We have added a Helm chart to deploy the generated image on a Kubernetes cluster. The Helm chart is created from basic templates using:

helm create charts

A new Gradle task uses this template to run our Spring image locally:

abstract class ClusterCreateTask : DefaultTask() {
  @get:Input abstract val imageName: Property<String>
  @get:Input abstract val imageTag: Property<String>

  fun execute() {
    if (!clusterExists()) {
      println("Creating cluster")
      "kind create cluster --name builder --config buildSrc/src/main/resources/kind-cluster.yaml"
    println("Load image")
    "kind --name builder load docker-image ${imageName.get()}".runCommand()
    println("update charts")
    "helm dependency build ./charts".runCommand()
    println("Deploy helm image")
    ("helm upgrade --install local ./charts --create-namespace --namespace builder --wait --atomic " +
            "--set image.tag=${imageTag.get()} " +
            "--set service.type=NodePort --set service.nodePort=31080")

The key parts include setting the image tag for the Helm chart and loading it into the Kind cluster. The application is exposed using NodePort with ports defined in kind-cluster.yaml:

kind: Cluster
apiVersion: kind.x-k8s.io/v1alpha4
  - role: control-plane
      - containerPort: 31080
        hostPort: 8080
        protocol: TCP

Run Cucumber tests

Cucumber tests are straightforward to work with. They use natural language constructs in a Given-When-Then format, making them accessible and easy to understand. Each Given, When, and Then statement corresponds to a Java function in the step definitions. However, I surprised myself when I tried to send the base URL to those steps. I only found the option to set it as an environment variable. To overcome this, I developed a custom solution using a thread-safe singleton pattern to manage configurations.

We use a singleton to hold the configuration:

public class ConfigurationSingleton {
  static AtomicReference<Configuration> singleton = new AtomicReference<>();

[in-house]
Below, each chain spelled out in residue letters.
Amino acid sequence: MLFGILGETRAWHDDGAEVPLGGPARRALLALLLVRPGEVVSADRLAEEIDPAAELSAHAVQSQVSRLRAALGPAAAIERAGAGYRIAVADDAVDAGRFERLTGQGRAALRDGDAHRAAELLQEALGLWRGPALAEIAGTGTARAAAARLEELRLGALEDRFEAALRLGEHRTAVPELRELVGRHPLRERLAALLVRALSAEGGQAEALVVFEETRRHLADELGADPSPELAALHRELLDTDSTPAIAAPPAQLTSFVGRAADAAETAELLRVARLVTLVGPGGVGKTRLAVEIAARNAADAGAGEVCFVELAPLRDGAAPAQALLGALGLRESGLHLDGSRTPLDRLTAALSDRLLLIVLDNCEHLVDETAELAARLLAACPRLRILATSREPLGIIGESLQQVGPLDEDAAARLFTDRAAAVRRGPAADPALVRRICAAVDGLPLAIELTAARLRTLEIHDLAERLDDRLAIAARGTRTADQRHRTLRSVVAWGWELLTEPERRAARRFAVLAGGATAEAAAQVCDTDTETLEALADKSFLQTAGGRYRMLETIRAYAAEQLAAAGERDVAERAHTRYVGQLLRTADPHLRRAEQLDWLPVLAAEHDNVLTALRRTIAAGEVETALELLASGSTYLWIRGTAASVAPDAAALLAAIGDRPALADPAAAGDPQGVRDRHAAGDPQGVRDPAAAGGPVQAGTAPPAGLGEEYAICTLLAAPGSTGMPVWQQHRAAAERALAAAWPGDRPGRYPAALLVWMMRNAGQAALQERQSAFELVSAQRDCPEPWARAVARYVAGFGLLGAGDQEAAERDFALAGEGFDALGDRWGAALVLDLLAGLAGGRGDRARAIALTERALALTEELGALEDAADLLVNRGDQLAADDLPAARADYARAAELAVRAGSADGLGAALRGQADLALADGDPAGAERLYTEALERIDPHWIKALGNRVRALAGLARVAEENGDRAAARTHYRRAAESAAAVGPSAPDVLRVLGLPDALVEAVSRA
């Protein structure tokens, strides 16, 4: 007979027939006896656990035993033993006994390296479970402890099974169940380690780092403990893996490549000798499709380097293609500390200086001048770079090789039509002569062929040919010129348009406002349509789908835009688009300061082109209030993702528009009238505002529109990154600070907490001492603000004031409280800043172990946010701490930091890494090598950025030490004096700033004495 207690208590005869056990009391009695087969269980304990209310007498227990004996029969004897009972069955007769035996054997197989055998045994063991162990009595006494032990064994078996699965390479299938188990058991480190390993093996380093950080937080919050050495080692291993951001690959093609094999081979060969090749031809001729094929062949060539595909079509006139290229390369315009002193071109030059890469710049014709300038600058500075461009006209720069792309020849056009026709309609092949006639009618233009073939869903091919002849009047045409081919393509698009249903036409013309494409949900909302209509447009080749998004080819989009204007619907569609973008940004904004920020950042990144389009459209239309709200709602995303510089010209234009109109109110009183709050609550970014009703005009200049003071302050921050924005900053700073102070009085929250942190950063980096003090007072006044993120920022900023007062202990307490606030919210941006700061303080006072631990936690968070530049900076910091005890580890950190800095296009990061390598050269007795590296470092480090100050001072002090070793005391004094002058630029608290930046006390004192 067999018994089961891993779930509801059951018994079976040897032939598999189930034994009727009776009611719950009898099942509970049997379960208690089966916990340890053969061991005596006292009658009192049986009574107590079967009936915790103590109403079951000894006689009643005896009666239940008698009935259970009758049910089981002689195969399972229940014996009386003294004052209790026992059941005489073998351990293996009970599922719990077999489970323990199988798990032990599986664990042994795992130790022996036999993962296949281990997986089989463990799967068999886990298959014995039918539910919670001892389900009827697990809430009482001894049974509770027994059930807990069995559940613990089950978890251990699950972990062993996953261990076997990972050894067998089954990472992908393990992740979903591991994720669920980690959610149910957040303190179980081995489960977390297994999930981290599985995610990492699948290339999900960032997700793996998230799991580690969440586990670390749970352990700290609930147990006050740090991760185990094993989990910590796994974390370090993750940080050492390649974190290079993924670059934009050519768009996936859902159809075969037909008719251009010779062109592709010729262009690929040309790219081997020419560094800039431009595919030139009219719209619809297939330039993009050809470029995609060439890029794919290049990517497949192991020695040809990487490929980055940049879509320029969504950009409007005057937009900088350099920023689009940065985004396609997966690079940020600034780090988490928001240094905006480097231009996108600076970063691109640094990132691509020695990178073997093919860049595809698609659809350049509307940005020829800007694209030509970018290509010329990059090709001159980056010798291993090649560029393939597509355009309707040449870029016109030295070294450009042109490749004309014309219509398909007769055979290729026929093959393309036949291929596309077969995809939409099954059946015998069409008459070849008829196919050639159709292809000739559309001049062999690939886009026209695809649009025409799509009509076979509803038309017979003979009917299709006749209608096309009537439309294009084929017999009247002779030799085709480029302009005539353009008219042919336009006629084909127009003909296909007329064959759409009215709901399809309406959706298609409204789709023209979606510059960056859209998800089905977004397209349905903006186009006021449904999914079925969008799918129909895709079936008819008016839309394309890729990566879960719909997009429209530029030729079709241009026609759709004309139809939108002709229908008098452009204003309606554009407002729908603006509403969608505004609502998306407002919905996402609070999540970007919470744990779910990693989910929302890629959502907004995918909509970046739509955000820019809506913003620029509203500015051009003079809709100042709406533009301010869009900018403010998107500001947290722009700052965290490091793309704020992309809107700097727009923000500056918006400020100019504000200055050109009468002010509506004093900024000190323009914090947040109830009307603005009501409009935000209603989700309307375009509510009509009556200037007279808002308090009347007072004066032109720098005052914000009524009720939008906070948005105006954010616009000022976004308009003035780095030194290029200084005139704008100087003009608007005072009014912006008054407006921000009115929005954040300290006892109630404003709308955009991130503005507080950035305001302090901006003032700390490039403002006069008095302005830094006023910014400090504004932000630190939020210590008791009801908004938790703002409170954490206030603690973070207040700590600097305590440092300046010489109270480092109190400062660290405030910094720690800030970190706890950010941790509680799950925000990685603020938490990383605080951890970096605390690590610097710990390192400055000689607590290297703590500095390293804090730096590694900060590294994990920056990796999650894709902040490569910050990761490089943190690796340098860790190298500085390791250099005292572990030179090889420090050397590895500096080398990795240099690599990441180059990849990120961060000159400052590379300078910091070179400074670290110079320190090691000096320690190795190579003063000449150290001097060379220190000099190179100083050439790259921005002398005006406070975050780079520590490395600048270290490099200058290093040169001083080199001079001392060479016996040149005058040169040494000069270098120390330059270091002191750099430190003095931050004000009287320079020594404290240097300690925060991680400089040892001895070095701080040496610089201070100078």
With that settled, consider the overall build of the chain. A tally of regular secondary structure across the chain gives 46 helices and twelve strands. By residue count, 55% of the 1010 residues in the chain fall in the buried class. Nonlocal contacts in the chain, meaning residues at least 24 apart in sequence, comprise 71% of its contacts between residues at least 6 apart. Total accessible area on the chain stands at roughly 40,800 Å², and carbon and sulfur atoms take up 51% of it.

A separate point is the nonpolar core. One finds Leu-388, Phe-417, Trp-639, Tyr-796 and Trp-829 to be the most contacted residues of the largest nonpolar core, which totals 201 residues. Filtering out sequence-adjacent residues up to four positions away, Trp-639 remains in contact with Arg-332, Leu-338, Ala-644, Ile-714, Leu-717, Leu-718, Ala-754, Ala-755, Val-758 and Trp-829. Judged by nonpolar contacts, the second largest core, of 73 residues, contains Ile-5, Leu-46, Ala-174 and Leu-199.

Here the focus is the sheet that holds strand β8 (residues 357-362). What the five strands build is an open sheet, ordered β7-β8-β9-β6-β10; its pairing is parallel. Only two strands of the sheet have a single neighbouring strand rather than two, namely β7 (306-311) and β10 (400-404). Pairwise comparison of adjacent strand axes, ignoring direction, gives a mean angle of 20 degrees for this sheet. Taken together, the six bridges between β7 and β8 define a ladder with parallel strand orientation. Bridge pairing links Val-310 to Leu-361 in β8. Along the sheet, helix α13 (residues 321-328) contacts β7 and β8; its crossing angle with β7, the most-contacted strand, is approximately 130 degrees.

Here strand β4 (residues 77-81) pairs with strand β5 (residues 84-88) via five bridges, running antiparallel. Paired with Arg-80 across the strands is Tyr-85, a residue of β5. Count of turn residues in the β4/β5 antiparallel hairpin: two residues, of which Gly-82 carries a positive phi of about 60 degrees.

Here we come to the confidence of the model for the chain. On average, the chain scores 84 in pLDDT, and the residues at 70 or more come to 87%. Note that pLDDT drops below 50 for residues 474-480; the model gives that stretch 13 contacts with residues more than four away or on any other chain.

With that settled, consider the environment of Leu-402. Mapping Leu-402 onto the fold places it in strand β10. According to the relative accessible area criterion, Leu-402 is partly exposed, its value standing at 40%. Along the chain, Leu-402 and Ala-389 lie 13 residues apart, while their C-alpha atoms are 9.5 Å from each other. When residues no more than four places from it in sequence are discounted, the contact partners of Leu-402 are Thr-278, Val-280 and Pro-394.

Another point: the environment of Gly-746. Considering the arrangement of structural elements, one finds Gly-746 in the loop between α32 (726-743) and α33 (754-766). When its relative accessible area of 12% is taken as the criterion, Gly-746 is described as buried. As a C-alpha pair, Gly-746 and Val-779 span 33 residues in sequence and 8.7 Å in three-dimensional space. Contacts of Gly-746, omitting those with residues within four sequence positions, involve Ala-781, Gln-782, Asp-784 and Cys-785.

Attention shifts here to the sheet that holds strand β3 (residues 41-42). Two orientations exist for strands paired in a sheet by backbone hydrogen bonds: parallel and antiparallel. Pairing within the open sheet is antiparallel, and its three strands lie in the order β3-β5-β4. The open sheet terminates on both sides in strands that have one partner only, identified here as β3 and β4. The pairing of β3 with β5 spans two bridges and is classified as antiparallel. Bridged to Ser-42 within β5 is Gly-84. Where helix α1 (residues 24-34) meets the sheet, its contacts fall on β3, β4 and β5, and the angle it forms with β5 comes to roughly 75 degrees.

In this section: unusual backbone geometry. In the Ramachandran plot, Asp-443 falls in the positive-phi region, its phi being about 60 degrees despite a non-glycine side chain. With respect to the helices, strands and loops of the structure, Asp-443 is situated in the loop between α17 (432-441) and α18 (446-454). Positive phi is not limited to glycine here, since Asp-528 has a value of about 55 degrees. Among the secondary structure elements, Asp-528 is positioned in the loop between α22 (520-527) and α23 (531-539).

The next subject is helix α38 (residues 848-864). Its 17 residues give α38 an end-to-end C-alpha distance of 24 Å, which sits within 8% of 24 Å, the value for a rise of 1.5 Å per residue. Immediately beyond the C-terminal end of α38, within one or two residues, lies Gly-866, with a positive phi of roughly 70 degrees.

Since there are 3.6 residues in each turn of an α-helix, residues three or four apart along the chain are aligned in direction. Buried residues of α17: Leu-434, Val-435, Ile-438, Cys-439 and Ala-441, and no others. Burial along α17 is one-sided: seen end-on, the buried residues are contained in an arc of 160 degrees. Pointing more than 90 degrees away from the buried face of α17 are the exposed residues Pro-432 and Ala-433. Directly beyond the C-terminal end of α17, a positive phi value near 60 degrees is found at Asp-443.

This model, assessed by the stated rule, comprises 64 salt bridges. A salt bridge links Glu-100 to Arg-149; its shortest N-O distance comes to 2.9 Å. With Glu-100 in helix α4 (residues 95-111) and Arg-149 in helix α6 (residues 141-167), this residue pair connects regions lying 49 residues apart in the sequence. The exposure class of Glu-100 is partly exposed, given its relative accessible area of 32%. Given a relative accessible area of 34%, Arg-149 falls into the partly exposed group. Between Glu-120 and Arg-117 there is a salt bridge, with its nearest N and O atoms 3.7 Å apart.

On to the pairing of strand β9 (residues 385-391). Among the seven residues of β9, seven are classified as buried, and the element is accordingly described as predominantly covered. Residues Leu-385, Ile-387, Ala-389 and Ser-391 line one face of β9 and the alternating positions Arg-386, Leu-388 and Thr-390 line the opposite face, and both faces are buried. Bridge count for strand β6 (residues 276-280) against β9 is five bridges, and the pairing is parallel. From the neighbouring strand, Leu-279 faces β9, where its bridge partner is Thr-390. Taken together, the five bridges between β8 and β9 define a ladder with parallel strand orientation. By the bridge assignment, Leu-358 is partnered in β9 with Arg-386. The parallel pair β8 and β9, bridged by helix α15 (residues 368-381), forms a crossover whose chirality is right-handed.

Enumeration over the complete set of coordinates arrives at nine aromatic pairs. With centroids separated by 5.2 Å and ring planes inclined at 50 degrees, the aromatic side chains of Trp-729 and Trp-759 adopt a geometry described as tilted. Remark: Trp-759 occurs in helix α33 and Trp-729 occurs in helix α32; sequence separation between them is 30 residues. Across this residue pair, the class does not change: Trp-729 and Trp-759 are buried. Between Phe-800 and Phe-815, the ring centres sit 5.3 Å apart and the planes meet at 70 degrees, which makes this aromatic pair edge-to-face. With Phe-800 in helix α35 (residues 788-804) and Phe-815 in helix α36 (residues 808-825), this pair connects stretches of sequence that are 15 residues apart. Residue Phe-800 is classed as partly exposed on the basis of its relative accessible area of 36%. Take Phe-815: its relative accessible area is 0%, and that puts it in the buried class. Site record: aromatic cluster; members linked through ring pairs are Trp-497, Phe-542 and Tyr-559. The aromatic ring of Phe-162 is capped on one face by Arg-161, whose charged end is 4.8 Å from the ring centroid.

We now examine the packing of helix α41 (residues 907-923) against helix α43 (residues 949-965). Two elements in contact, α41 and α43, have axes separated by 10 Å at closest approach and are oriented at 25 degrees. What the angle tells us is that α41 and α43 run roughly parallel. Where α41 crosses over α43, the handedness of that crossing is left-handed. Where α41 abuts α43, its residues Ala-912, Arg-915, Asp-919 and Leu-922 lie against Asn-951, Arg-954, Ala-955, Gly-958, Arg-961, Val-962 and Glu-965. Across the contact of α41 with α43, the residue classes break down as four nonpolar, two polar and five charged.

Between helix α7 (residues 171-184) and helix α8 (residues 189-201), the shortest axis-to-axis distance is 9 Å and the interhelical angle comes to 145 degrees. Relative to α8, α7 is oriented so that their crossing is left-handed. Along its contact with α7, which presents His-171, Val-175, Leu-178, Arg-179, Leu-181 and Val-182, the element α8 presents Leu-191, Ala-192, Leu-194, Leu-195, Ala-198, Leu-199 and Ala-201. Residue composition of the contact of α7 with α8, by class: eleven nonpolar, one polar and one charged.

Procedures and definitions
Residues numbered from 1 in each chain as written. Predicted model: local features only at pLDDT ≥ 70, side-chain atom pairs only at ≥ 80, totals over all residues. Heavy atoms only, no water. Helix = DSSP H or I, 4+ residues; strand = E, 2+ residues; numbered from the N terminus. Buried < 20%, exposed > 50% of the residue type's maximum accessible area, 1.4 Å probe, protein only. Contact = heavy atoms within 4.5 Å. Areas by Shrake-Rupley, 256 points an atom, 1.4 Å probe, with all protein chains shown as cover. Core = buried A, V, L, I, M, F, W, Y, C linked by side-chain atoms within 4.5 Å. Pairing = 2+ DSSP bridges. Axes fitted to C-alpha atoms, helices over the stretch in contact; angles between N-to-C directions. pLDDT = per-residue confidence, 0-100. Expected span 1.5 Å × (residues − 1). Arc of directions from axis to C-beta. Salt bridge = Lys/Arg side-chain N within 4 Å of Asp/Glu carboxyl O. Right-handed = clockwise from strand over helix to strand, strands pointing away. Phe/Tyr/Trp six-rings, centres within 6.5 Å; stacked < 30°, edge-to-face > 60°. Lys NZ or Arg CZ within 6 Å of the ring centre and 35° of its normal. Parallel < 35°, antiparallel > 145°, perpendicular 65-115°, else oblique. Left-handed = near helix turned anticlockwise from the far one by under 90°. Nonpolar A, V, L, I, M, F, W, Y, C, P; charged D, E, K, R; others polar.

This singleton is initialized when the tests are run:

public class RunCucumber {
  static Logger log = LoggerFactory.getLogger(RunCucumber.class);

  public static void main(String[] args) throws Exception {
    log.info("Run cucumber tests");
    byte result = Main.run(ConfigurationArgsBuilder.cucumberArgs(args));
    if (result != 0) {
      throw new RuntimeException("There are errors on the execution");

We use the configuration singleton to connect to the application:

public class ClientSingleton {
  private static RestTemplate createClient(){
    var baseUrl = ConfigurationSingleton.get().baseUrl();

You can run end-to-end test by ./gradlew cucumberTest

Time cost to run the test

TestCotaniers are a lighter solution as they add little time to the execution of the spring tests. Running Kind clusters and deploying the tool takes about 2 minutes, once all the environment is set running the test is fast. 

Run in local

Spring Boot’s TestContainers configuration allows running the application locally with real PostgreSQL persistence:

public class TestApplication {

  public static void main(String[] args) {
    new SpringApplicationBuilder(Application.class)

Now, you can run the application locally with ./gradlew bootTestRun and debug it with a real PostgreSQL database.